Goodbye dear friend

The first time I met Mark was in his flat in Bromley. It was his birthday party, and he had invited me along with other bloggers and friends to celebrate it with him. He cooked a huge spread: there was this excellent beetroot, roasted in balsamic and rosemary. I remember thinking at the time that it was one of the best things I’d ever tasted. In the years that followed, I was always pestering him to make it for me again (he managed to just once, though he often poked fun at my general obsession with food and eating). That evening we were packed into his tiny flat in Bromley, with an odd mixture of music journalists, ex-Warwick Alumni, and bloggers, many of whom I only knew by their blog names.

I was struck by Mark, whose stature was so much smaller than the power of his writing implied. He had a nervous energy about him, and his eyes would dart from side to side when he was animated, which was often. We talked at the party and arranged to meet again afterwards. It was the start of one of my most enduring friendships.

Mark has been a touchstone throughout my adult life, as a writer but mostly as a friend. Much has been written about his influence as a writer since he passed on 13th January. I’m not going to add to that, since it has been done so eloquently already, but you can read Simon Reynolds both on his personal blog and on The Guardian and David Stubbs in The Quietus.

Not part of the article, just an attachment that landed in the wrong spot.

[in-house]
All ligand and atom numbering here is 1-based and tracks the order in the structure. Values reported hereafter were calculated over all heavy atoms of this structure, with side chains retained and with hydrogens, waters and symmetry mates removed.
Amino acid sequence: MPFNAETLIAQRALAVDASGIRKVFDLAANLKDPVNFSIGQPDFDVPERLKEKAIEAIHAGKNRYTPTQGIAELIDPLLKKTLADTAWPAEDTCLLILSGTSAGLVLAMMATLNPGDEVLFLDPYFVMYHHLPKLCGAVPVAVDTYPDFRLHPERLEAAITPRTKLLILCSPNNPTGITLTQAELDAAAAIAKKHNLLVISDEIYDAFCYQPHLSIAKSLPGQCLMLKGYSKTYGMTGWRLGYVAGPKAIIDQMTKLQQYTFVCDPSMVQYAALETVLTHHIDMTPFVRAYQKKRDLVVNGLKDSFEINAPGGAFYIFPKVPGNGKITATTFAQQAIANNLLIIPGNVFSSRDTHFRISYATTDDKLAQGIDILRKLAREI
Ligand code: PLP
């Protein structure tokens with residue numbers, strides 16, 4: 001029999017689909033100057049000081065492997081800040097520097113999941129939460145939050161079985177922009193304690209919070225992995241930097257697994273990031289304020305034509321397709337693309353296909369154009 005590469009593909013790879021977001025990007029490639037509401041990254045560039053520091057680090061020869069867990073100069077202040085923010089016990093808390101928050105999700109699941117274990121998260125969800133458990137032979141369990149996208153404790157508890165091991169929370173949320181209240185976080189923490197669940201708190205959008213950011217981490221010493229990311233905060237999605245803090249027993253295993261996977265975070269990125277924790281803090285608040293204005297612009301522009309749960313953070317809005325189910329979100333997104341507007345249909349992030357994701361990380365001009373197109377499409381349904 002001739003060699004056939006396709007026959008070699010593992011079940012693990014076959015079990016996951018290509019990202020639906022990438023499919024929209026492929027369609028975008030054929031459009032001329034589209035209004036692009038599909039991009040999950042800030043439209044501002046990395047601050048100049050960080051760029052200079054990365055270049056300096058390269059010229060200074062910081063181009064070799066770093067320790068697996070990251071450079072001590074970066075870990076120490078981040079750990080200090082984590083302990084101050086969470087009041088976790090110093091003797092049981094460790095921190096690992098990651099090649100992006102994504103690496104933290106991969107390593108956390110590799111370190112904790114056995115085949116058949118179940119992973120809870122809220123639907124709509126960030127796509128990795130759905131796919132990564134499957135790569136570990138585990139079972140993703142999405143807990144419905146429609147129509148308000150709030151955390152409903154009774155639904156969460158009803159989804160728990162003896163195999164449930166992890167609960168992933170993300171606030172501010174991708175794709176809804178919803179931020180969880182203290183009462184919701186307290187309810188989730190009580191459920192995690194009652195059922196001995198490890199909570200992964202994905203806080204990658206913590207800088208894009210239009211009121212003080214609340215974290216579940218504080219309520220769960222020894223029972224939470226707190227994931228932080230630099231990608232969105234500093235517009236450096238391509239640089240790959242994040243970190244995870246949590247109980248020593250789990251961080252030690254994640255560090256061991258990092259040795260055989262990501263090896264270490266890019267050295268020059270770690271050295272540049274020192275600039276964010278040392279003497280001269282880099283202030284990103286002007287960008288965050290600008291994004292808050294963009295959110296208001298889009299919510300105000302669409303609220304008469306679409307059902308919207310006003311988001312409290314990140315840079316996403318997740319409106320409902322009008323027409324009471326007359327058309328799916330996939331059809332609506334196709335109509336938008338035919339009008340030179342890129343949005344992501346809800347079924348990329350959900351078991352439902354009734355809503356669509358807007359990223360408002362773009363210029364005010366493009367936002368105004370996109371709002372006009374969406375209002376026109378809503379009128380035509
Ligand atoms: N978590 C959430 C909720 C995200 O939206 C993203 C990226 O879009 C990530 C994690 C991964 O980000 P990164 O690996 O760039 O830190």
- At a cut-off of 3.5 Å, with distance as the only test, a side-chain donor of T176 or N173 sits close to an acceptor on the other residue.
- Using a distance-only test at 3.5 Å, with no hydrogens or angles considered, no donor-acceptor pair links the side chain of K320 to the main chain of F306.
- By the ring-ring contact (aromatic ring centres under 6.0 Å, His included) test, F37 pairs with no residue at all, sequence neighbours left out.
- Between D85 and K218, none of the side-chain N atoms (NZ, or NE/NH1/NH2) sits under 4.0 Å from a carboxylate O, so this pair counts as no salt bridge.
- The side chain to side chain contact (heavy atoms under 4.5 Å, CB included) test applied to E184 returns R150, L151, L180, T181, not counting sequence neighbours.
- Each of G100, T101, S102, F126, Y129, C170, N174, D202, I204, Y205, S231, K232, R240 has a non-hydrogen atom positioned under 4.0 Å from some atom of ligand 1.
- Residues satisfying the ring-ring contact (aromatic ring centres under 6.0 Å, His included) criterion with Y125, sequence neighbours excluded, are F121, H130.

In the years that followed our initial friendship in London, career-wise we went our separate ways, but our friendship did not. I spent many weeks and weekends in Suffolk, both in Woodbridge and then later in Felixstowe. His house always felt like my own: we would sit around on camping chairs, drinking coke and watching daytime tv or horror movies or reality shows, walk in the flat Suffolk countryside or beside the decaying boats in Woodbridge, and cook food from the nearby Budgens (a shop I will always associate with him).

Boat decaying on the river in Woodbridge

Boat decaying on the river in Woodbridge

It was while he was living in Woodbridge that he started seeing Zoe. The start of their relationship was a turning point in his life. Despite the huge readership on his blog and his growing profile as a writer and theorist, he always lacked confidence and he always felt like a fraud. He was amazed that someone as beautiful and intelligent as Zoe had fallen for him; he told me “it can hardly be believed.” I think he had long ago written off the possibility of long-term relationship. But here she was and she transformed him. Her love gave him the strength to be more completely himself. His confidence grew and he became more comfortable in his own skin.

Zoe was the reservoir of strength and love that enabled him to endure the bleak periods of depression that came with tidal regularity; with her he went on to do some of his best writing. She provided him with stability, warmth, and laughter, never letting him taking himself too seriously but always letting him know how important he was. They have faced unimaginable challenges but they have always faced them together. It is tragic that Zoe now has to continue on without him, that she has been left without his companionship and support.